), a people inhabiting the seacoast of Gedrosia, with whom Alexander fell in on his march from the Indus to Persia. (Arrian, 6.21, 22, 24, &c.) Their territory appears to have been bounded on the east by the Arabis, and on the west by a mountain spur which reached the sea at Cape Moran.
(Vincent, Voy. of Nearchus,
i. p. 217.)
There is considerable variation in the manner in which their names are written in different authorities: thus they appear as Oritae in Arrian (Indic.
23, Exped. Alex.
in Strabo (xv. p.720
), Dionysius Perieg. (5.1096), Plutarch (Plut. Alex. 100.66
), and Stephanus B.; as Ori in Arrian (6.28) and Pliny (6.23.26
); and Horitae in Curtius (9.10. 6
); yet there can be no doubt that they are one and the same people. Arrian and, Strabo have described them at some length.
According to the former, they were an Indian nation (6.21; cf. Diod. 17.105
), who wore the same arms and dress as those people, but differed from them in manners and institutions (Ind.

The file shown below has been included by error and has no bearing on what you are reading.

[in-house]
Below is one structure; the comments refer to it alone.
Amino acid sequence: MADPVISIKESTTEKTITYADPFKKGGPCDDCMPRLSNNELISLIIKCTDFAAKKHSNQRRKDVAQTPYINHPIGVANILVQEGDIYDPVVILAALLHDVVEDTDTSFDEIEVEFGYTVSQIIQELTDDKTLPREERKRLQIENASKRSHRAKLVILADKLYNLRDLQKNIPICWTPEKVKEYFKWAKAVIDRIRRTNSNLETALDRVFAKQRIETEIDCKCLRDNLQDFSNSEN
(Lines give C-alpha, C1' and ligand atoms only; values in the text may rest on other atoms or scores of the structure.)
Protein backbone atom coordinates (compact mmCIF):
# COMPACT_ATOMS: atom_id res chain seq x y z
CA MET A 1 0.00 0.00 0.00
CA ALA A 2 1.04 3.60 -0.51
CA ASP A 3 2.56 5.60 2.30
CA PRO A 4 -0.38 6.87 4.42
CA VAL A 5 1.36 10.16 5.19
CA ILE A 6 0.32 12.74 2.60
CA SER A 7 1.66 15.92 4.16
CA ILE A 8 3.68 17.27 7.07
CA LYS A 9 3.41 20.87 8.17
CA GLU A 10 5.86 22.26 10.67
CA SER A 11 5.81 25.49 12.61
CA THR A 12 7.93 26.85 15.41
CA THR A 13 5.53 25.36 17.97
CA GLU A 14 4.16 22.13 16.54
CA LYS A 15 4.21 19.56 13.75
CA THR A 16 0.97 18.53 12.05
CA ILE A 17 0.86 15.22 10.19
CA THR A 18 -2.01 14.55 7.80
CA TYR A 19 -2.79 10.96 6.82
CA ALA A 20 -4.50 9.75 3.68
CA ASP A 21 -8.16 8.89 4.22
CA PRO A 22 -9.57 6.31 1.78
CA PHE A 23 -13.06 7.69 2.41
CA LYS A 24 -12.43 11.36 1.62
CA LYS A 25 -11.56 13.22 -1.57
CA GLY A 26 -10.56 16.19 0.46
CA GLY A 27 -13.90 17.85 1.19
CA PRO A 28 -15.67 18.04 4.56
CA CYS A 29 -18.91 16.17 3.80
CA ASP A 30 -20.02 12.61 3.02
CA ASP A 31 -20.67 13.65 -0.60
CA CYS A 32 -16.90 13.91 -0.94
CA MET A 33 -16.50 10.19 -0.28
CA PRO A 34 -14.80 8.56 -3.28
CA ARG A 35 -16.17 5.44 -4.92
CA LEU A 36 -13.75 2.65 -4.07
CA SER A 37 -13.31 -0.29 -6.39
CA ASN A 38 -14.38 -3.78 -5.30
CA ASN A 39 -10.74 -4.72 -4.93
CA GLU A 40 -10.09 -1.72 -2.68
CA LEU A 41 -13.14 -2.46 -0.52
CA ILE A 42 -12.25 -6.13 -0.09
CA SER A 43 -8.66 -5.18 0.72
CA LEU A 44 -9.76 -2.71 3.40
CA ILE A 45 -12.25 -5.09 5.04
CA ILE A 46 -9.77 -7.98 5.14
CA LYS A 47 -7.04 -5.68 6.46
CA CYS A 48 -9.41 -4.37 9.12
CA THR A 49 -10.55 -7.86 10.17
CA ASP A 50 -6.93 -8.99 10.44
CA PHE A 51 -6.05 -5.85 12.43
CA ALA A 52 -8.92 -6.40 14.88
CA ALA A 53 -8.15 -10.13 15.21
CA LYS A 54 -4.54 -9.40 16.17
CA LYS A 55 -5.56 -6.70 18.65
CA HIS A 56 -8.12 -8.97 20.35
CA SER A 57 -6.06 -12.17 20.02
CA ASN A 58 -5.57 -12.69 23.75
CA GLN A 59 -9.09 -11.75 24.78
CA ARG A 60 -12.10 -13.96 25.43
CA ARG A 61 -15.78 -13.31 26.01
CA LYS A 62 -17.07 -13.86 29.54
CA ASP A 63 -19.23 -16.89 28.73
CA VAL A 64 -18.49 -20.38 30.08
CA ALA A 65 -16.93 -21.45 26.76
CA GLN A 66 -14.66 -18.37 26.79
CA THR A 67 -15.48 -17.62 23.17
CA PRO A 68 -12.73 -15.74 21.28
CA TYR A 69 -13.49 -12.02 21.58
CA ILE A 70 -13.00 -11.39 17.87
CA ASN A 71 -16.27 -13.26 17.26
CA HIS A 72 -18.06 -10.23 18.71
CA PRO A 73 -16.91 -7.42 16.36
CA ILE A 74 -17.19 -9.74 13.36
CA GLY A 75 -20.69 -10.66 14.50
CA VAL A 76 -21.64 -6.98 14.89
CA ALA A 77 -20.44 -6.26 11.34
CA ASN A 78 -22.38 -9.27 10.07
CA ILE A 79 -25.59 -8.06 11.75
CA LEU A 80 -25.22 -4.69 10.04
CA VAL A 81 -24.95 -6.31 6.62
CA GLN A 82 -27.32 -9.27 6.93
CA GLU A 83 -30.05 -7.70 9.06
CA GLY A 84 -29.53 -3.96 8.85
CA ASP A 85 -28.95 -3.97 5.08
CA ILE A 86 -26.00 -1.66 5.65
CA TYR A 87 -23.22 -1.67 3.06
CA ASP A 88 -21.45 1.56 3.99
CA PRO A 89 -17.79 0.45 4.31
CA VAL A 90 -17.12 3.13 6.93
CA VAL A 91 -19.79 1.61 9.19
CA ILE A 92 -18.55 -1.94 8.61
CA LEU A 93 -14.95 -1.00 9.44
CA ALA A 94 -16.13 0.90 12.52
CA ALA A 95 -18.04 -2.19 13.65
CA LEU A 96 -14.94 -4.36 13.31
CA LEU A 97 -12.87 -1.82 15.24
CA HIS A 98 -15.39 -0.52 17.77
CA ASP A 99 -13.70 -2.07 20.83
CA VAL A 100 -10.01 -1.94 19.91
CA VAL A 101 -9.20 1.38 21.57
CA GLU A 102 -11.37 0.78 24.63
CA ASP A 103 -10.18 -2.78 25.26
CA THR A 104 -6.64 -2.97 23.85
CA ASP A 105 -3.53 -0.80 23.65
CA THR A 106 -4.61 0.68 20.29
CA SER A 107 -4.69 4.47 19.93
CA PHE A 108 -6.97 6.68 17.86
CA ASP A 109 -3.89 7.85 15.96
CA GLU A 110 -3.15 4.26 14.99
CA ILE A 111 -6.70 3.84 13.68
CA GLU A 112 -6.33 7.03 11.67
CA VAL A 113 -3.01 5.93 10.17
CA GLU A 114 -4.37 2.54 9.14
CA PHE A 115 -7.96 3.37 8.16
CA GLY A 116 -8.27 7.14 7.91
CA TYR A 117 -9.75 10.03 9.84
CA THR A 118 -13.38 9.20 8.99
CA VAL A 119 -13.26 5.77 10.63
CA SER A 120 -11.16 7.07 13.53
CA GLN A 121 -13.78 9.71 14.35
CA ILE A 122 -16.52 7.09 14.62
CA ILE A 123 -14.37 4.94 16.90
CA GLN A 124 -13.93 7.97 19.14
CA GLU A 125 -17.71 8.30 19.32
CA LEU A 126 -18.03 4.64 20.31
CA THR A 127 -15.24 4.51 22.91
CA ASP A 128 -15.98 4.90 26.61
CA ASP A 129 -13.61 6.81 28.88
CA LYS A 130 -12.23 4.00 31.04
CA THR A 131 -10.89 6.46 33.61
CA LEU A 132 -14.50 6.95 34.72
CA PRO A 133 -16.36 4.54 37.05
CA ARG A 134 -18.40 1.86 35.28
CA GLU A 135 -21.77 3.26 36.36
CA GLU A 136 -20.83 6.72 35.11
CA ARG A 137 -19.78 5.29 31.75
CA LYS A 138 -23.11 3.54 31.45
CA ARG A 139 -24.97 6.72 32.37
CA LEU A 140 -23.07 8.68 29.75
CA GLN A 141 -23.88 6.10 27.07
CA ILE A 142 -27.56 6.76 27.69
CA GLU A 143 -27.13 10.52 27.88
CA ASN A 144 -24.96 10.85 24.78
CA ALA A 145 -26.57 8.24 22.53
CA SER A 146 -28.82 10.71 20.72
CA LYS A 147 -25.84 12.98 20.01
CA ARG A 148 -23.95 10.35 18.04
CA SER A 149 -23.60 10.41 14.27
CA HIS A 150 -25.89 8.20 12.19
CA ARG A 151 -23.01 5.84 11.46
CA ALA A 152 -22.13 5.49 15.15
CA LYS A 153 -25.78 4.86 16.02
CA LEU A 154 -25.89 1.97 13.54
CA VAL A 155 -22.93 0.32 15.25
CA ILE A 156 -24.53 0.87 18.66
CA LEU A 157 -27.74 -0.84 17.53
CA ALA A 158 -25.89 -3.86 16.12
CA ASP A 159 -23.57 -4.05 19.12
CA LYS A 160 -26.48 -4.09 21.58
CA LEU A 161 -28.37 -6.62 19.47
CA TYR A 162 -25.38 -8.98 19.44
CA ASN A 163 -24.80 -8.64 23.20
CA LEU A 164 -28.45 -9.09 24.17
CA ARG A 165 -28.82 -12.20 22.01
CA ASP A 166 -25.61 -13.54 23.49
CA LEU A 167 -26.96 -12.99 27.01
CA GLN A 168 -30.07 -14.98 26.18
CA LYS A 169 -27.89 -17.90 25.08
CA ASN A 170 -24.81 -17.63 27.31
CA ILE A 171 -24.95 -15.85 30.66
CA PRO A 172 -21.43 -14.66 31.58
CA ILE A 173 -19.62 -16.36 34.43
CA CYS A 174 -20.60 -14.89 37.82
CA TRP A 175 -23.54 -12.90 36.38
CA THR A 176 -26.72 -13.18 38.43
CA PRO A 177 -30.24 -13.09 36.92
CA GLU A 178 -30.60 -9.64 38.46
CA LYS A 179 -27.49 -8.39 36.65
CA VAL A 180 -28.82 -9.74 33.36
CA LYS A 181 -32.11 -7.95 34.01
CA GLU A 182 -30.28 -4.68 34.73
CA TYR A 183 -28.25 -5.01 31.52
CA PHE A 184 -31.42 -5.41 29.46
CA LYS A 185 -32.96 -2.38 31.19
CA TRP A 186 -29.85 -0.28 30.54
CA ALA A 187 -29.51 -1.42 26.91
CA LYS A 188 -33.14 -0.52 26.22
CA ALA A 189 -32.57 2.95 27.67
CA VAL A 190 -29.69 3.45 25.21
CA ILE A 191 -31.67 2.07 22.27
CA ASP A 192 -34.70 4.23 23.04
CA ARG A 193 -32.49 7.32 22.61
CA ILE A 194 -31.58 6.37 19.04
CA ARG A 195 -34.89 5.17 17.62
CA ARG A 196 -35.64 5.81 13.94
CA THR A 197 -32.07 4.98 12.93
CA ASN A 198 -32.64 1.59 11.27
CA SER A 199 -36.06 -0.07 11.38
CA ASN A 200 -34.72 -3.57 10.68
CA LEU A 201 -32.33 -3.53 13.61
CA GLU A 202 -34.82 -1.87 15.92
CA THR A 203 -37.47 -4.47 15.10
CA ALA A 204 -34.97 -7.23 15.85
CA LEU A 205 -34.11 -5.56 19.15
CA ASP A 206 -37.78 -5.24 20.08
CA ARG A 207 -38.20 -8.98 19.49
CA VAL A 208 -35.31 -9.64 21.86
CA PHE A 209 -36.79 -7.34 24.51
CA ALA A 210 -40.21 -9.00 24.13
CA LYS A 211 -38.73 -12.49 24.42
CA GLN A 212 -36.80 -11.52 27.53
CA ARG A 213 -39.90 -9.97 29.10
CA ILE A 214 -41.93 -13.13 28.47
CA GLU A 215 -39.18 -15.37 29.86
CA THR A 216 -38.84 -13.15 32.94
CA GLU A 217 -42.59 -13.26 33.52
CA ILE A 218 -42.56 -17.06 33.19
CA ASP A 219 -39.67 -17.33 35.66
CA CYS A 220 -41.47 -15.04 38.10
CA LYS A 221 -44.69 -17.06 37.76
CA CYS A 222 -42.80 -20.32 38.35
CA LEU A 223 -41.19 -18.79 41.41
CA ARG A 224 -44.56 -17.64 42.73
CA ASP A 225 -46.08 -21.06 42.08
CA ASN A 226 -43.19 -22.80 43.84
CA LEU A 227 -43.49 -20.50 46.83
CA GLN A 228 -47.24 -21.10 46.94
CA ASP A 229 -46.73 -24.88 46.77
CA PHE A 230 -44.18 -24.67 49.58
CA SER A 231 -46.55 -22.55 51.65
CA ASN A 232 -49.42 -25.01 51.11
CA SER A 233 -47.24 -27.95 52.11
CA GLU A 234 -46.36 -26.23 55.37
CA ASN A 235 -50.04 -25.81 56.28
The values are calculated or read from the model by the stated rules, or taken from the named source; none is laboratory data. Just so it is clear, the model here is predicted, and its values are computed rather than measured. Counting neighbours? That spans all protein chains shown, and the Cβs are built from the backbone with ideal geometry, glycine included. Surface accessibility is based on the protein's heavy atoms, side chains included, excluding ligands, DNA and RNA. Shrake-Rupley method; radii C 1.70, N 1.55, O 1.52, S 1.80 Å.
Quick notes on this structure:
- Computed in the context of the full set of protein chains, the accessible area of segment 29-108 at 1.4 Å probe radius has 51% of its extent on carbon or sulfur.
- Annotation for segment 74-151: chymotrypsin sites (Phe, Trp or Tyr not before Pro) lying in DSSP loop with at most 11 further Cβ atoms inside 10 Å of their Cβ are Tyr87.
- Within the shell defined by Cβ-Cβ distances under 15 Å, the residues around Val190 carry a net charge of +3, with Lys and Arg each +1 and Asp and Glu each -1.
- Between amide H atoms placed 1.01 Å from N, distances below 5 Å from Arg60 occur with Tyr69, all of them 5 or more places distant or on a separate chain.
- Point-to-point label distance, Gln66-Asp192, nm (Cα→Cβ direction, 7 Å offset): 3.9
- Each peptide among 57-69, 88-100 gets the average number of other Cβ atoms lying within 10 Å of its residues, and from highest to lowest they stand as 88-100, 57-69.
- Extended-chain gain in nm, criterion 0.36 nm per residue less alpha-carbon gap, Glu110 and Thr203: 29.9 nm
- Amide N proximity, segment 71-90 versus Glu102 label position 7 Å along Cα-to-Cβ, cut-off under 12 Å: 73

According to the latter they were a race living under their own laws (v. p. 720), and armed with javelins hardened at the point by fire and poisoned (xv. p. 723).
In another place Arrian appears to have given the true Indians to the river Arabis (or Purali
), the eastern boundary of the Oritae (Indic.
100.22); and the same view is taken by Pliny (7.2
). Pliny calls them “Ichthyophagi Oritae” (6.23. s. 25); Curtius “Indi maril timi” (9.10. 8).
It is probable that the true form of the name was Horitae, as the Nubian geographer places a town called Haúr
on the route to Firabuz
(Comp. D'Anville, Eclaircissements, &c.
p. 42; Edrisi, Geog. Nub.